Our culture has drawn an artificial line between art and science, one that did not exist for innovators like Leonardo da Vinci and Steve Jobs. Leonardo’s curiosity and passion for painting, writing, engineering and biology helped him triumph in both art and science; his study of anatomy and dissections of corpses enabled his incredible drawings of the human figure. When introducing the iPad 2, Jobs, who dropped out of college but continued to audit calligraphy classes, declared: “It’s in Apple’s DNA that technology alone is not enough — it’s technology married with liberal arts, married with the humanities, that yields us the result that makes our heart sing.” (Indeed, one of Apple’s scientists, Steve Perlman, was inspired to invent the QuickTime multimedia program by an episode of “Star Trek.”)

Carly Fiorina, former CEO of Hewlett-Packard, credits her degree in philosophy and medieval history in helping her be the first woman to lead a high-tech Fortune 20 corporation. “If you go into a setting and everybody thinks alike, it’s easy,” she has said. “But you will probably get the wrong answer.”

I became a chemistry professor by working side-by-side at the bench with a number of mentors, and the scholar/mentor relationships I’ve enjoyed were a critical aspect of my science education. And it is the centerpiece of a college experience within the liberal arts environment. For me, it was the key that unlocked true learning, and for my students, it has made them better scientists and better equipped to communicate their work to the public.

Like apprentices to a painter, my students sit with me and plan experiments. We gather and review data and determine the next questions to address. After two to three years of direct mentoring, students develop the ability to interpret results on their own, describe how findings advance knowledge, generate ideas for subsequent experiments and plan these experiments themselves. Seniors train new students in the lab, helping them learn gene recombination techniques that depend on accurate calculations and precise delivery of reagents. Put simply, a microliter-scale mistake can spell disaster for an experiment that took days to complete. And while my students work on these sensitive projects, they often offer creative and innovative approaches. To reduce calculation errors, one of my students wrote a user-friendly computer program to automatically measure replicate volumes. He did this by drawing on programming skills he learned in a computer science course he took for fun. Young people stuck exclusively in chemistry lecture halls will not evolve the same way.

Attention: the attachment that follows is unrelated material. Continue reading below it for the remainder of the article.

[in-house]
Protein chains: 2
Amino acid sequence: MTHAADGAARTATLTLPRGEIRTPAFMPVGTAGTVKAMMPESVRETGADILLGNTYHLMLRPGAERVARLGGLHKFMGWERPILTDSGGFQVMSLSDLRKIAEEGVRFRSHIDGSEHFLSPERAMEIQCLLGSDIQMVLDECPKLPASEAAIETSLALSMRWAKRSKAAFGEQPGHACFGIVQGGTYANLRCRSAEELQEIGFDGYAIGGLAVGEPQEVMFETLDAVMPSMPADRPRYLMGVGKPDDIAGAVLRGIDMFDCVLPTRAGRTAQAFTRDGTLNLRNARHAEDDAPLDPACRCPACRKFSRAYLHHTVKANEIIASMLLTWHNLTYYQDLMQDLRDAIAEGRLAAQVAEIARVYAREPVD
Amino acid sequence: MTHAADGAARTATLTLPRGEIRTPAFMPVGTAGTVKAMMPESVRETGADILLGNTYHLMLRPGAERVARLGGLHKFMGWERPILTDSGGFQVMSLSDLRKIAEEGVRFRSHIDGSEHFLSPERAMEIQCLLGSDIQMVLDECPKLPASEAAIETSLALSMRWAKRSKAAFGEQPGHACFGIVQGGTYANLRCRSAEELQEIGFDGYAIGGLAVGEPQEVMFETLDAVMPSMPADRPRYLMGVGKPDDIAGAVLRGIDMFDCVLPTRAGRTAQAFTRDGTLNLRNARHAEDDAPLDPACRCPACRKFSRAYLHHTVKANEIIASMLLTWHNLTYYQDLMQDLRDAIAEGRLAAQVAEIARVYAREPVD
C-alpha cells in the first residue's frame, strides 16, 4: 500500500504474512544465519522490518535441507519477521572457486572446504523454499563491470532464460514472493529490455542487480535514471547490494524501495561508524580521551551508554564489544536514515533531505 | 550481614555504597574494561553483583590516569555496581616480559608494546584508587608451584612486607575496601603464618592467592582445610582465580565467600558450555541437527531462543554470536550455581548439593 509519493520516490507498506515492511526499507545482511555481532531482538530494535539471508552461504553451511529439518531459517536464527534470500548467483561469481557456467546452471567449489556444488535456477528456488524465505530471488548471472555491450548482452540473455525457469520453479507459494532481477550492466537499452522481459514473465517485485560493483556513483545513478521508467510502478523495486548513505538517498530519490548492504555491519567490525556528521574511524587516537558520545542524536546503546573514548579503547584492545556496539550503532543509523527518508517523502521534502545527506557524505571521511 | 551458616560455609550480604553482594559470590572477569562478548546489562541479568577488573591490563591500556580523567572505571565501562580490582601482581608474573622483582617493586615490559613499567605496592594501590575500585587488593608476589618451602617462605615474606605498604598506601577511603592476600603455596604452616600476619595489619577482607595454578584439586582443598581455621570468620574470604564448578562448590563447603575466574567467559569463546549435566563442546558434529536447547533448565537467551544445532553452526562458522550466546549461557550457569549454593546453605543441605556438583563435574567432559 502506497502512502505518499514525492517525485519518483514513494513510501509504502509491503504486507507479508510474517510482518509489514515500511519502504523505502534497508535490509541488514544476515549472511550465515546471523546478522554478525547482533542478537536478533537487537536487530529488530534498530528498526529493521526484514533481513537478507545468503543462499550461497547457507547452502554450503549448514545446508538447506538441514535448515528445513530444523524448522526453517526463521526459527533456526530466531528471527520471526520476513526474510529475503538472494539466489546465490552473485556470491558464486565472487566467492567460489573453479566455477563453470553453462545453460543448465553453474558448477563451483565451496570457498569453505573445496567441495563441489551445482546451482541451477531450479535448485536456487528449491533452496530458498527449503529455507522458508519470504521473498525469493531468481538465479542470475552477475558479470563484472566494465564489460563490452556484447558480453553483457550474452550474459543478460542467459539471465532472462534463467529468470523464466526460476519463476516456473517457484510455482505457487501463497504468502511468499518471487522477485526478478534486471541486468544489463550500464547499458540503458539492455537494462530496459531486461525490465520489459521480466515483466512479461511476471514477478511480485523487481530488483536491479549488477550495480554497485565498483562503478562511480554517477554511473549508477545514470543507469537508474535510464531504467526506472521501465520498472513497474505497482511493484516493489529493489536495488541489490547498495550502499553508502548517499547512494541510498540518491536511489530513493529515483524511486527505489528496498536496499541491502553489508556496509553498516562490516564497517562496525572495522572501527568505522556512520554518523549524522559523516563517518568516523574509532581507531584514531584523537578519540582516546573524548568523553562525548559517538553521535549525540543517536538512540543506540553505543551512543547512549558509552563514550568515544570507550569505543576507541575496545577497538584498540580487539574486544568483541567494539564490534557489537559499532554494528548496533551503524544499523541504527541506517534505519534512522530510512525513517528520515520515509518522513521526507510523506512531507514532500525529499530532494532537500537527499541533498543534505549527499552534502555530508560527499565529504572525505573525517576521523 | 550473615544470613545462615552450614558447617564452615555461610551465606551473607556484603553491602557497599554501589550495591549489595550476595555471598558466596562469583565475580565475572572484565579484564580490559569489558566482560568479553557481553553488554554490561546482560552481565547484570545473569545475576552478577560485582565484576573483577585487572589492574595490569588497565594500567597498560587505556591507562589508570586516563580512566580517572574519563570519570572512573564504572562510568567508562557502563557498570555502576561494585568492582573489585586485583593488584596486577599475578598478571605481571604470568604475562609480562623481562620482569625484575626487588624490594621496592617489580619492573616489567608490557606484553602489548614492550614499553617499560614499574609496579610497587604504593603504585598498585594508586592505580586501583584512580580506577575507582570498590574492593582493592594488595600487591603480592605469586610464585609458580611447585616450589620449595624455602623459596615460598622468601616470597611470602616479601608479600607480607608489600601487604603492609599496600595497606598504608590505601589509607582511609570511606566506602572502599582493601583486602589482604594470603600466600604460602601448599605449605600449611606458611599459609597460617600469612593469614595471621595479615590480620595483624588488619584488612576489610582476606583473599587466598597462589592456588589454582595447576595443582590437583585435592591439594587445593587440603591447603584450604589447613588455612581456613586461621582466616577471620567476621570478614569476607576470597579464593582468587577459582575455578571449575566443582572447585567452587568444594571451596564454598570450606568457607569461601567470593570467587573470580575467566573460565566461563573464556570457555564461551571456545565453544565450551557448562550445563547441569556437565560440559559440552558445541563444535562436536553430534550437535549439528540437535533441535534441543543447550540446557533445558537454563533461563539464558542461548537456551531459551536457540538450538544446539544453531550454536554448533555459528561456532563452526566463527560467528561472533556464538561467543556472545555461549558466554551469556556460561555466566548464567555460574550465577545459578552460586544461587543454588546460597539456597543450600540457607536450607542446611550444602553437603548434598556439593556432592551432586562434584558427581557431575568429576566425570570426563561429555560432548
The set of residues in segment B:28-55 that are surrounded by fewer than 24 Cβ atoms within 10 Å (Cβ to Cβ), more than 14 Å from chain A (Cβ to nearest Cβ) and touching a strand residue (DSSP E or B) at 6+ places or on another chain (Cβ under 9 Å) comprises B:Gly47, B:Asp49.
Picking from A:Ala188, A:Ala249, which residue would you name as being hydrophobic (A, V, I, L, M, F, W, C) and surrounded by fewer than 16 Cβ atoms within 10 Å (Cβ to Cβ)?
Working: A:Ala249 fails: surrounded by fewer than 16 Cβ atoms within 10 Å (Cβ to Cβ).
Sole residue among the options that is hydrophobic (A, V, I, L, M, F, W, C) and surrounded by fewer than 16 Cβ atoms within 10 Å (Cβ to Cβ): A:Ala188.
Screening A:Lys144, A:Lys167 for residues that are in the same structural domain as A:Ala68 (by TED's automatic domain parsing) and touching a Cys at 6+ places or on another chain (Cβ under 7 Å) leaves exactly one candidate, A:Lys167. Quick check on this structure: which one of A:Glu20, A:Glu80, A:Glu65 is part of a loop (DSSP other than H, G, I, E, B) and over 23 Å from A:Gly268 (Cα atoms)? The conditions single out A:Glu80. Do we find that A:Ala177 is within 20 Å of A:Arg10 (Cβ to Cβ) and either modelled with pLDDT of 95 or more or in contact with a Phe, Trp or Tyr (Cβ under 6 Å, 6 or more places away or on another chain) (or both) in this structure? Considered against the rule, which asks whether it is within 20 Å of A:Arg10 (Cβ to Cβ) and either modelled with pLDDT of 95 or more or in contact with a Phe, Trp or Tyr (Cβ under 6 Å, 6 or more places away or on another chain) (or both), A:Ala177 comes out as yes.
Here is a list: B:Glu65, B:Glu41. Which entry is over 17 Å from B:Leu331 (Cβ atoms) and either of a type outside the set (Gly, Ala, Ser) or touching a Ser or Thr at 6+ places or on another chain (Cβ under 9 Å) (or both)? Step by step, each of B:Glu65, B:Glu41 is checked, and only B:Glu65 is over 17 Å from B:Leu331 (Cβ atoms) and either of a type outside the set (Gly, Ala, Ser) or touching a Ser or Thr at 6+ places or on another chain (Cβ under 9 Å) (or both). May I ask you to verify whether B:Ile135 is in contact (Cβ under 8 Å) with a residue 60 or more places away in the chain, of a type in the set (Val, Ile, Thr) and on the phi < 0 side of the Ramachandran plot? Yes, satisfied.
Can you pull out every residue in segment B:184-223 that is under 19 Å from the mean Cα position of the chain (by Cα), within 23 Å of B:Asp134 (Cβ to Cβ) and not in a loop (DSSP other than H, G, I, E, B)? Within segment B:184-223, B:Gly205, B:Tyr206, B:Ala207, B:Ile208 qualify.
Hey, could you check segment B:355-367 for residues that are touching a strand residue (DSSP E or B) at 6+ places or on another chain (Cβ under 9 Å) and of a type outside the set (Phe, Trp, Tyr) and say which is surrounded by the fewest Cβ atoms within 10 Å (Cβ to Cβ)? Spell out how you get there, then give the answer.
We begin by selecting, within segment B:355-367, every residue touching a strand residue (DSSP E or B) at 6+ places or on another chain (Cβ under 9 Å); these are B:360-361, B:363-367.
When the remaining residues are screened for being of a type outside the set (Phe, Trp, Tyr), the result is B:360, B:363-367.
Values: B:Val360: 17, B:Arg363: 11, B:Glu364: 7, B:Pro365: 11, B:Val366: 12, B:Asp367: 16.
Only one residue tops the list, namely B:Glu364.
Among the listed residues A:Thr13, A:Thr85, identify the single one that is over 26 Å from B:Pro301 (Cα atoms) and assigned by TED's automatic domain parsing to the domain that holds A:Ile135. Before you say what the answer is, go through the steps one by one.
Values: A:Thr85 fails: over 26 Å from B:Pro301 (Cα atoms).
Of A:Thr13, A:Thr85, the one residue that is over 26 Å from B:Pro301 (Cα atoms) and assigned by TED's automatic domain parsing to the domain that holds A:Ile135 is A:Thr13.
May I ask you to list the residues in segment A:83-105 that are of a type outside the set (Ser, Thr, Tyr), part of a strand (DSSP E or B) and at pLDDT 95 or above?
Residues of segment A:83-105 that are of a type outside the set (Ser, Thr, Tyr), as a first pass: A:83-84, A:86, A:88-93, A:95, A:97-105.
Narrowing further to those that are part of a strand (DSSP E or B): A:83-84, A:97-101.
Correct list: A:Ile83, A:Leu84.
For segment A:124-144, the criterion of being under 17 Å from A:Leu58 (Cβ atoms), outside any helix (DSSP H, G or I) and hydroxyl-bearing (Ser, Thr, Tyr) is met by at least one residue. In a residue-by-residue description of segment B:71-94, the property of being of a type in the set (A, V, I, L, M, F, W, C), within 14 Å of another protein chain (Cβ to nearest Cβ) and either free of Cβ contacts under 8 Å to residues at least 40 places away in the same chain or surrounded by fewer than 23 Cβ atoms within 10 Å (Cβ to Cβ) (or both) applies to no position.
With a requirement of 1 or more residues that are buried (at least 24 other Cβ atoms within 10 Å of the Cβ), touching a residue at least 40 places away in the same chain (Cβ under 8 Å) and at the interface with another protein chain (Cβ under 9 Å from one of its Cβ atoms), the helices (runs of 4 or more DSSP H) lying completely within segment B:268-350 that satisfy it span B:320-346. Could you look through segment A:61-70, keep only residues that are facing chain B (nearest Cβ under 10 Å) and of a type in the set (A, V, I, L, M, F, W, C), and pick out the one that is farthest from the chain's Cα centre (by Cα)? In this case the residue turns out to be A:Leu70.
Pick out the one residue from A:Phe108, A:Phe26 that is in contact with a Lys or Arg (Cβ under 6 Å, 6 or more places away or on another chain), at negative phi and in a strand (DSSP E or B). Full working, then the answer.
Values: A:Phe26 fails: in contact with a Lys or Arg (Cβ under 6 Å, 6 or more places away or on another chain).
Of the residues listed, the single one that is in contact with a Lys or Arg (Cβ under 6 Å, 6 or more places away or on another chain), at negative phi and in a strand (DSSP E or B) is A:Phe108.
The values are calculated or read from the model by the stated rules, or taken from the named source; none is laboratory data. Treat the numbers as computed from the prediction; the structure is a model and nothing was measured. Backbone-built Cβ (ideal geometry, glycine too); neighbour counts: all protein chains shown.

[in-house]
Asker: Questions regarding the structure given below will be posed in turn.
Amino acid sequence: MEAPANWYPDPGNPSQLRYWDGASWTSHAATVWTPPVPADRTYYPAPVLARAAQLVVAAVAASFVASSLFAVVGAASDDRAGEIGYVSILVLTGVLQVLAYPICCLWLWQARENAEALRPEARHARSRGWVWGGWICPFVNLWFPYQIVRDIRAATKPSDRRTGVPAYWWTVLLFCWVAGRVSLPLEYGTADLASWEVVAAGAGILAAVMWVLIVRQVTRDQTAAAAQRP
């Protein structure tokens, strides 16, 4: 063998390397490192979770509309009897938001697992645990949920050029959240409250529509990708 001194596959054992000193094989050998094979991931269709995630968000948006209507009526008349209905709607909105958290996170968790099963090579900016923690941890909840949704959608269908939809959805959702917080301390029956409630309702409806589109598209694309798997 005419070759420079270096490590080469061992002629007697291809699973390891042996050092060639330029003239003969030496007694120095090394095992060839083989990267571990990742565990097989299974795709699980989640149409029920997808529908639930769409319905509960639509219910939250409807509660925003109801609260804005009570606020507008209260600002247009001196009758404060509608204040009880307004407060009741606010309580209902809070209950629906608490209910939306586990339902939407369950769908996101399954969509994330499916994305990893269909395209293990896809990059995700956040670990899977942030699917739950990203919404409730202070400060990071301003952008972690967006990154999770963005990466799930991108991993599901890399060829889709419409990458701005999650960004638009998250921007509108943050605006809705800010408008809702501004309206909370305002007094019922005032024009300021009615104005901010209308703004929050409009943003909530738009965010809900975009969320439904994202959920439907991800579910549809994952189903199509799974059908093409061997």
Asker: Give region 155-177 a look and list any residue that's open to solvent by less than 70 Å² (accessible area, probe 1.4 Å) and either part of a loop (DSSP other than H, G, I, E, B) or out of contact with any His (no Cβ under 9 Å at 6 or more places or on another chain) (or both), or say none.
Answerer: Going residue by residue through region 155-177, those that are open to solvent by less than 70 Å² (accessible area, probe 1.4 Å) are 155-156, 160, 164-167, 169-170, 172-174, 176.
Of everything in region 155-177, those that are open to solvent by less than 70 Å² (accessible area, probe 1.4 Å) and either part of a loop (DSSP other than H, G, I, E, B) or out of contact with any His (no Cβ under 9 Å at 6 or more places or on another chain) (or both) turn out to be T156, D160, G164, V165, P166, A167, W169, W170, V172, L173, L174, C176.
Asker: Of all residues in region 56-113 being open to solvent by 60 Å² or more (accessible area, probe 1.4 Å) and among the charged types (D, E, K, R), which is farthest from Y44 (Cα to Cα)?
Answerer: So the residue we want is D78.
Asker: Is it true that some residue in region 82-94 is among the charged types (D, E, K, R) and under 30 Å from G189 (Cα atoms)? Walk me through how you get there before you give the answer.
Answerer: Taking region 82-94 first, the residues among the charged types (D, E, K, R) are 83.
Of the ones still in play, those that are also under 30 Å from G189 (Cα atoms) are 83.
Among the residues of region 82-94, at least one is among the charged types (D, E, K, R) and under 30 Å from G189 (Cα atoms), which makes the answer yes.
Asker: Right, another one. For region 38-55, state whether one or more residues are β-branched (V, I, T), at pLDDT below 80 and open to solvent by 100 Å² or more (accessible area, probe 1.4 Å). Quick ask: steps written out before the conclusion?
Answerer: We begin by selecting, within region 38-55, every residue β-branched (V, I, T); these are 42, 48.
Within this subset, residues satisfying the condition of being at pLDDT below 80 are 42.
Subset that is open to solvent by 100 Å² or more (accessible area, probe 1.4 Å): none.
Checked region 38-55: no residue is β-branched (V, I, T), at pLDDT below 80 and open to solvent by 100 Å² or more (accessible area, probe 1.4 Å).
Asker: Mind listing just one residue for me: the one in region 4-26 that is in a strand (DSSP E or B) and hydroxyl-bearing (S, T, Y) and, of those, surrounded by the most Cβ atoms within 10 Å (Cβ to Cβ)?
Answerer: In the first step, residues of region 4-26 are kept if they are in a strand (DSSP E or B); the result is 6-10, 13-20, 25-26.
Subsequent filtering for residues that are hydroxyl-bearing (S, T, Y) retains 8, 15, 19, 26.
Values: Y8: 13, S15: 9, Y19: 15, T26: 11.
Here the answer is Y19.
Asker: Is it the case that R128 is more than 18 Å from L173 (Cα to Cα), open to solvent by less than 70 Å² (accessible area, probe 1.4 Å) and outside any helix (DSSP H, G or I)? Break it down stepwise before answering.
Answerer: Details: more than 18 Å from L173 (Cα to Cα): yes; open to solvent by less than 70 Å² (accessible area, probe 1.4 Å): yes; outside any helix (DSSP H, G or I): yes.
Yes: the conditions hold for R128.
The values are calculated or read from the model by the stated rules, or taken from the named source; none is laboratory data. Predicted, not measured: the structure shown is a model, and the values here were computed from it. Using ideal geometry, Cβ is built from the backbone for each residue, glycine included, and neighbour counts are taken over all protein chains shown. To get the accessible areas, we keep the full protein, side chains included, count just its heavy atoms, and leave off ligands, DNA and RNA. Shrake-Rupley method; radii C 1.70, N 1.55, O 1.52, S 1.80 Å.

A scientist trained in the liberal arts has another huge advantage: writing ability. The study of writing and analyses of texts equip science students to communicate their findings as professionals in the field. My students accompany me to conferences, where they do the talking. They write portions of articles for publications and are true co-authors by virtue of their contributions to both the experiments and the writing. Scientists are often unable to communicate effectively because, as Cornell University president David J. Skorton points out, “many of us never received the education in the humanities or social sciences that would allow us to explain to nonscientists what we do and why it is important.”

To innovate is to introduce change. While STEM workers can certainly drive innovation through science alone, imagine how much more innovative students and employees could be if the pool of knowledge from which they draw is wider and deeper. That occurs as the result of a liberal arts education.

Many in government and business publicly question the value of such an education. Yet employers in every sector continue to scoop up my students because of their ability to apply cross-disciplinary thinking to an incredibly complex world. They like my chemistry grads because not only can they find their way around a laboratory, but they’re also nimble thinkers who know to consider chemistry’s impact on society and the environment. Some medical schools have also caught on to this. The University of Pennsylvania School of Medicine has been admitting an increasing number of applicants with backgrounds in the humanities for the past 20 years. “It doesn’t make you a better doctor to know how fast a mass falls from a tree,” Gail Morris, head of the school’s admissions, told Newsweek. “We need whole people.”

By all means, let’s grow our STEM graduates as aggressively as possible. But let’s make sure they also have that all-important grounding in the liberal arts. We can have both.

Soundtracking Your Writing Life

At some point in middle or high school, all of us took some sort of test to determine what kind of learner we were. Some of us ended up being aural learners–the kids who listen to lectures and regurgitate information after one go-around. Some of us were visual–the ones who most hoped that the teacher would stop talking and play a video. Still others would be classified as “hands-on” learners–the nice term for the kids who would tear the room to pieces the minute the teacher left.

If you, like me, found yourself among the former group–the aural learners–then your writing process may often find itself supplemented by your music library, if only ever to serve as white noise. While many of us work best in absolute silence, many of us prefer to work over the latest jams, the classic tunes, and everything in between. This is a good thing. We can pull inspiration from any number of texts, and music is no different. It can serve the poet in the same way that film can serve the fiction writer–as another manifestation of the same principles.

It’s often easy to ignore texts outside of our own medium, but chosing to tune in (*ba dum tish*) to things outside our spheres can improve our own art by degrees. There are some things to remember when building your writer’s playlist, though.

1. Music can stimulate more than just pleasure. So, you’re writing an angsty, post-modern diatribe-turned-plot-turned-actually-pretty-solid-piece about subjugation, objectification, and some other -ation. You don’t think Nicki’s The Pink Print or Coldplay’s Whatever Album Coldplay Put Out This Year is quite going to give you the moody vibe you’re looking for. Why not try something else? Something bizarre? Something haunted and unpleasant? Maybe someone like Sigur Rós (below) or Jenny Hval is for you right now.